Japan – Osaka – Hanami at Osaka Castle

Hanami (meaning flower viewing) is the Japanese tradition of enjoying the natural beauty of flowers, almost always meaning the sakura (cherry blossoms). Although there are actually cherry blossoms elsewhere in the world, notably in Europe and North America, the sakura that bloom all over Japan have been deeply rooted in their history and culture since ancient times.

Starting down south in the Okinawa Islands from the start of February, this wave of blooming creeps north, reaching the main island of Honshu and spreading throughout the country from the end of March to early May. The first bloom is forecast each year by the weather bureau, and watched carefully by those planning hanami as the blossoms only last a week or two.



Having jumped on the sakura bandwagon for the last month and a half in Japan, we had noticed the cherry blossoms starting south in Kyushu and briefly in Fukuyama, Kyoto and Kobe. The official first bloom had finally arrived in Osaka.

The practice of hanami is many centuries old and evolved into the now famous annual flower-viewing parties the locals enjoy today. Thousands of people continue the tradition by gathering with friends, family and company coworkers in parks, riverbanks, temple grounds; anywhere the trees flower. Usually for a picnic while playing and listening to music (with a little sake on the side too!).DSC09139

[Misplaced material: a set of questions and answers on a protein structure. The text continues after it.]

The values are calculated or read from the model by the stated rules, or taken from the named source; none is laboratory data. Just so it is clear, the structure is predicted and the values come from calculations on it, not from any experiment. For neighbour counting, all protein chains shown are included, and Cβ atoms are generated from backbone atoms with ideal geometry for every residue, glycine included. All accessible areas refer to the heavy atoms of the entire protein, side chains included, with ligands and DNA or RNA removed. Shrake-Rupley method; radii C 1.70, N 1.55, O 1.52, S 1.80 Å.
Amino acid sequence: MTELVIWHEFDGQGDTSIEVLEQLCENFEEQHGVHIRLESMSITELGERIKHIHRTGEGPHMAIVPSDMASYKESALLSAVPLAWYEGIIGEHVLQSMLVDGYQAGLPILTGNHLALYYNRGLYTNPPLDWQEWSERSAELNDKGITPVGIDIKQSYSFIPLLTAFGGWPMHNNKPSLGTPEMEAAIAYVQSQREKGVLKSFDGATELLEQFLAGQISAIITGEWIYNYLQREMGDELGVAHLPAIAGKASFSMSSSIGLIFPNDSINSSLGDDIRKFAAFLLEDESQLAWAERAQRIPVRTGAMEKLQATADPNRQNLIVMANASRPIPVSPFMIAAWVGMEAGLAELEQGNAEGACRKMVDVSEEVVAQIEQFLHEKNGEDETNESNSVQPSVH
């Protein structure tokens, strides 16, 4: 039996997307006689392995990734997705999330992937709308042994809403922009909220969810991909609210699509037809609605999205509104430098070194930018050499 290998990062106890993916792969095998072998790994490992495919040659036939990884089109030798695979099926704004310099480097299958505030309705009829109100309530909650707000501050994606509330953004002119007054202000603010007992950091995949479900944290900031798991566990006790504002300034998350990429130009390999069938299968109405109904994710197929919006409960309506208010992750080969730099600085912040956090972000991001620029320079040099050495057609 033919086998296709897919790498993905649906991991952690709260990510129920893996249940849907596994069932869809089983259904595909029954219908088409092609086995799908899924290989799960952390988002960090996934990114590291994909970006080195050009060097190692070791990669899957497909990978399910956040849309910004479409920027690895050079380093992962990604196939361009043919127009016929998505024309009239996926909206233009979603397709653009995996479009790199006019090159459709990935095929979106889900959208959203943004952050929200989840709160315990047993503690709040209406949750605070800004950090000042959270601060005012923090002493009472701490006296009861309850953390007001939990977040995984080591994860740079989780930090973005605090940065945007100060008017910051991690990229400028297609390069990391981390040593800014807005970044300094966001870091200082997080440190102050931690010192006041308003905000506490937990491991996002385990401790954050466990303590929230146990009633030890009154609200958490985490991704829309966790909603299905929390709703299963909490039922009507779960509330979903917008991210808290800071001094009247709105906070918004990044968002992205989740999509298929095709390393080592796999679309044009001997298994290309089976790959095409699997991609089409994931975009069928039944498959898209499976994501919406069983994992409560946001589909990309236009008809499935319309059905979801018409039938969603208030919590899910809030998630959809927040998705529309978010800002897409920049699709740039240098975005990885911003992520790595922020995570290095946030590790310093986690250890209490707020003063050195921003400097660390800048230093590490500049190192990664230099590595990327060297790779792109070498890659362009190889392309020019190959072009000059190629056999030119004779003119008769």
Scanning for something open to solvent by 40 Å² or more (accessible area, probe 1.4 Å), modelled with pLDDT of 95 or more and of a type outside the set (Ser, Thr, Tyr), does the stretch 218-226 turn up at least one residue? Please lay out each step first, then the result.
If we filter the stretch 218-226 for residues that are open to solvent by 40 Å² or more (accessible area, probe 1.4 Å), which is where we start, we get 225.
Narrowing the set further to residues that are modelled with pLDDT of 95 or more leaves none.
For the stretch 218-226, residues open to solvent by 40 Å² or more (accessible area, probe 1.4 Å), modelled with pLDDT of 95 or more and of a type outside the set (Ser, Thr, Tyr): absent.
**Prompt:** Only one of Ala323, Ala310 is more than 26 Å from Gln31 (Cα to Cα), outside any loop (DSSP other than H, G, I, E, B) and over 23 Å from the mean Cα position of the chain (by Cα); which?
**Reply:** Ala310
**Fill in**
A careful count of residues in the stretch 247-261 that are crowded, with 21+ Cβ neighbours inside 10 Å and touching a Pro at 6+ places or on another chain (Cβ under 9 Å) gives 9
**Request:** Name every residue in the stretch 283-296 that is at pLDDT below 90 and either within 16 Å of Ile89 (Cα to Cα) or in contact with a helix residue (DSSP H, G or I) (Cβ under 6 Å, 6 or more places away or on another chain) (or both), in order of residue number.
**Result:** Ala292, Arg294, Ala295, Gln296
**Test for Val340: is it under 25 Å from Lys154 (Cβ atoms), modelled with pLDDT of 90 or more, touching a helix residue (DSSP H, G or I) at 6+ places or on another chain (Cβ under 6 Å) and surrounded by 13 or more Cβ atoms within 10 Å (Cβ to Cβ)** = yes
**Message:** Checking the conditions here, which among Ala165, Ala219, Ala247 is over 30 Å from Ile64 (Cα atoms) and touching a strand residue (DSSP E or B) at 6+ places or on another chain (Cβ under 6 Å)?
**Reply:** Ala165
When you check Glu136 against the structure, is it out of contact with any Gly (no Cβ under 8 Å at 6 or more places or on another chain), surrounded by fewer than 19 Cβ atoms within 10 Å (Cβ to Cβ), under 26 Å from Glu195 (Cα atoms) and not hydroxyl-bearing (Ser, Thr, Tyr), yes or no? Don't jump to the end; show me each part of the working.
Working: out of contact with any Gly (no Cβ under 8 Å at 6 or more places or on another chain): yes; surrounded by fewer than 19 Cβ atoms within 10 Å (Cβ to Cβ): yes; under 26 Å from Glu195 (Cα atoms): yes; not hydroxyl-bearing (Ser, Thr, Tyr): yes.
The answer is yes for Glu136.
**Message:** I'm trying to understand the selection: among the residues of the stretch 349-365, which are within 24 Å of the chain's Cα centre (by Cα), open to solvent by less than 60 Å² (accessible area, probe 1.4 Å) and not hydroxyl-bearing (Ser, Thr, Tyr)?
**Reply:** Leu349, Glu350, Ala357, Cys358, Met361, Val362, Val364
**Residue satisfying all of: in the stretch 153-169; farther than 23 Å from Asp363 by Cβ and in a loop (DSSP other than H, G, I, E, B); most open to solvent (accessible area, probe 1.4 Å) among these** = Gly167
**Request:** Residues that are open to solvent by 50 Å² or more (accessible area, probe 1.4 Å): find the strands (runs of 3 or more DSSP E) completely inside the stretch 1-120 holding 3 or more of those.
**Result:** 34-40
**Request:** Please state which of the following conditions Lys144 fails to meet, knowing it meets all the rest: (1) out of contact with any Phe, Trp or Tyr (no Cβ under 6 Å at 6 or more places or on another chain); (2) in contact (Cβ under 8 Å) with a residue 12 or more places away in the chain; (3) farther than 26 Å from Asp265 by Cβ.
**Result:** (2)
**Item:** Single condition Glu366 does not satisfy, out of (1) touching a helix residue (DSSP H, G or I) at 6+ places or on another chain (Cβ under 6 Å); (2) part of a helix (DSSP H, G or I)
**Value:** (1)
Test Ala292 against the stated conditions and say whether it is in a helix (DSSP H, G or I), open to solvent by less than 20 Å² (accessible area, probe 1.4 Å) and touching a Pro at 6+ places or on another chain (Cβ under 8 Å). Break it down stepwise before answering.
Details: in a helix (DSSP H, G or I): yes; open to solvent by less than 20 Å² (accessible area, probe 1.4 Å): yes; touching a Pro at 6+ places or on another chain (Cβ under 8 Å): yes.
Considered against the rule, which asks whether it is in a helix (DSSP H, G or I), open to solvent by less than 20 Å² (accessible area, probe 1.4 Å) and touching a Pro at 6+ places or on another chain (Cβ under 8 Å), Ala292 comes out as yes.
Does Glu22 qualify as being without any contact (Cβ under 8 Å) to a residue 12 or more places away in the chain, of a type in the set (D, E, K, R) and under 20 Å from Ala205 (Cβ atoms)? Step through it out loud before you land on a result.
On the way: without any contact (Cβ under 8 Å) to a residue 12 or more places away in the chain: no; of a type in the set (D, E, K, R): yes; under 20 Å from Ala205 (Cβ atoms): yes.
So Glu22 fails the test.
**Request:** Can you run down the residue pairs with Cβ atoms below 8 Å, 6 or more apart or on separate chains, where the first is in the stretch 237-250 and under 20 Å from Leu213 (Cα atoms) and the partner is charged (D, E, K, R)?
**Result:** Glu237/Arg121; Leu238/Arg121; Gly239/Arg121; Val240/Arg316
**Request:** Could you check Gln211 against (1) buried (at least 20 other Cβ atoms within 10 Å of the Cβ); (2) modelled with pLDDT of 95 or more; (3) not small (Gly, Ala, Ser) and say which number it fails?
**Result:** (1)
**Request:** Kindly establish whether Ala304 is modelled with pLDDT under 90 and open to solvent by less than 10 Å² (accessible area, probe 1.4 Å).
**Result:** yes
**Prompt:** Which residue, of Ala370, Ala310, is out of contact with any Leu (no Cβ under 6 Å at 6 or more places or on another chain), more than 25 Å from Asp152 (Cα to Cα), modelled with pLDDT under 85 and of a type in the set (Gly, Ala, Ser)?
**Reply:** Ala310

We took our own picnic, bought from the local convenience store. Don’t be shocked! The myriad of convenience stores all throughout Japan sell delicious bento boxes amongst all sorts of fresh sushi, salads, sandwiches and much more!

Hanami Picnic!

Hanami Picnic!

We settled on enjoying our hanami in the park grounds at Osaka Castle. Since we had visited the castle during our previous Japan trip, we knew it would be popular. And we weren’t wrong.

Sakura in the park grounds of Osaka Castle

Sakura in the park grounds of Osaka Castle

Half the fun of hanami is people watching. Admiring young families enjoying the colours and sunshine or the elderly walking and cycling under the sakura lined paths.Frame 2

Strolling the grounds, we couldn’t resist laying eyes on the wonderful Osaka Castle again.

Osaka Castle

Osaka Castle

It may be a reconstruction, but an awesome one at that. It dominates this area of Osaka, towering over the park around it.DSC09166Frame 3

We also couldn’t leave Osaka without visiting Andrew’s long-time friend, Mio, for a delicious dinner of make-it-yourself takoyaki, a ball-shaped snack of wheat flour-based batter filled with diced octopus, pickled ginger and green onion.

Dinner with Mio

Dinner with Mio

An Osaka favourite that is enjoyed topped with a special brown sauce and mayonnaise with shavings of dried bonito fish. Yum!

A great way to end a nice day.DSC09174

Visited 31st March 2014.


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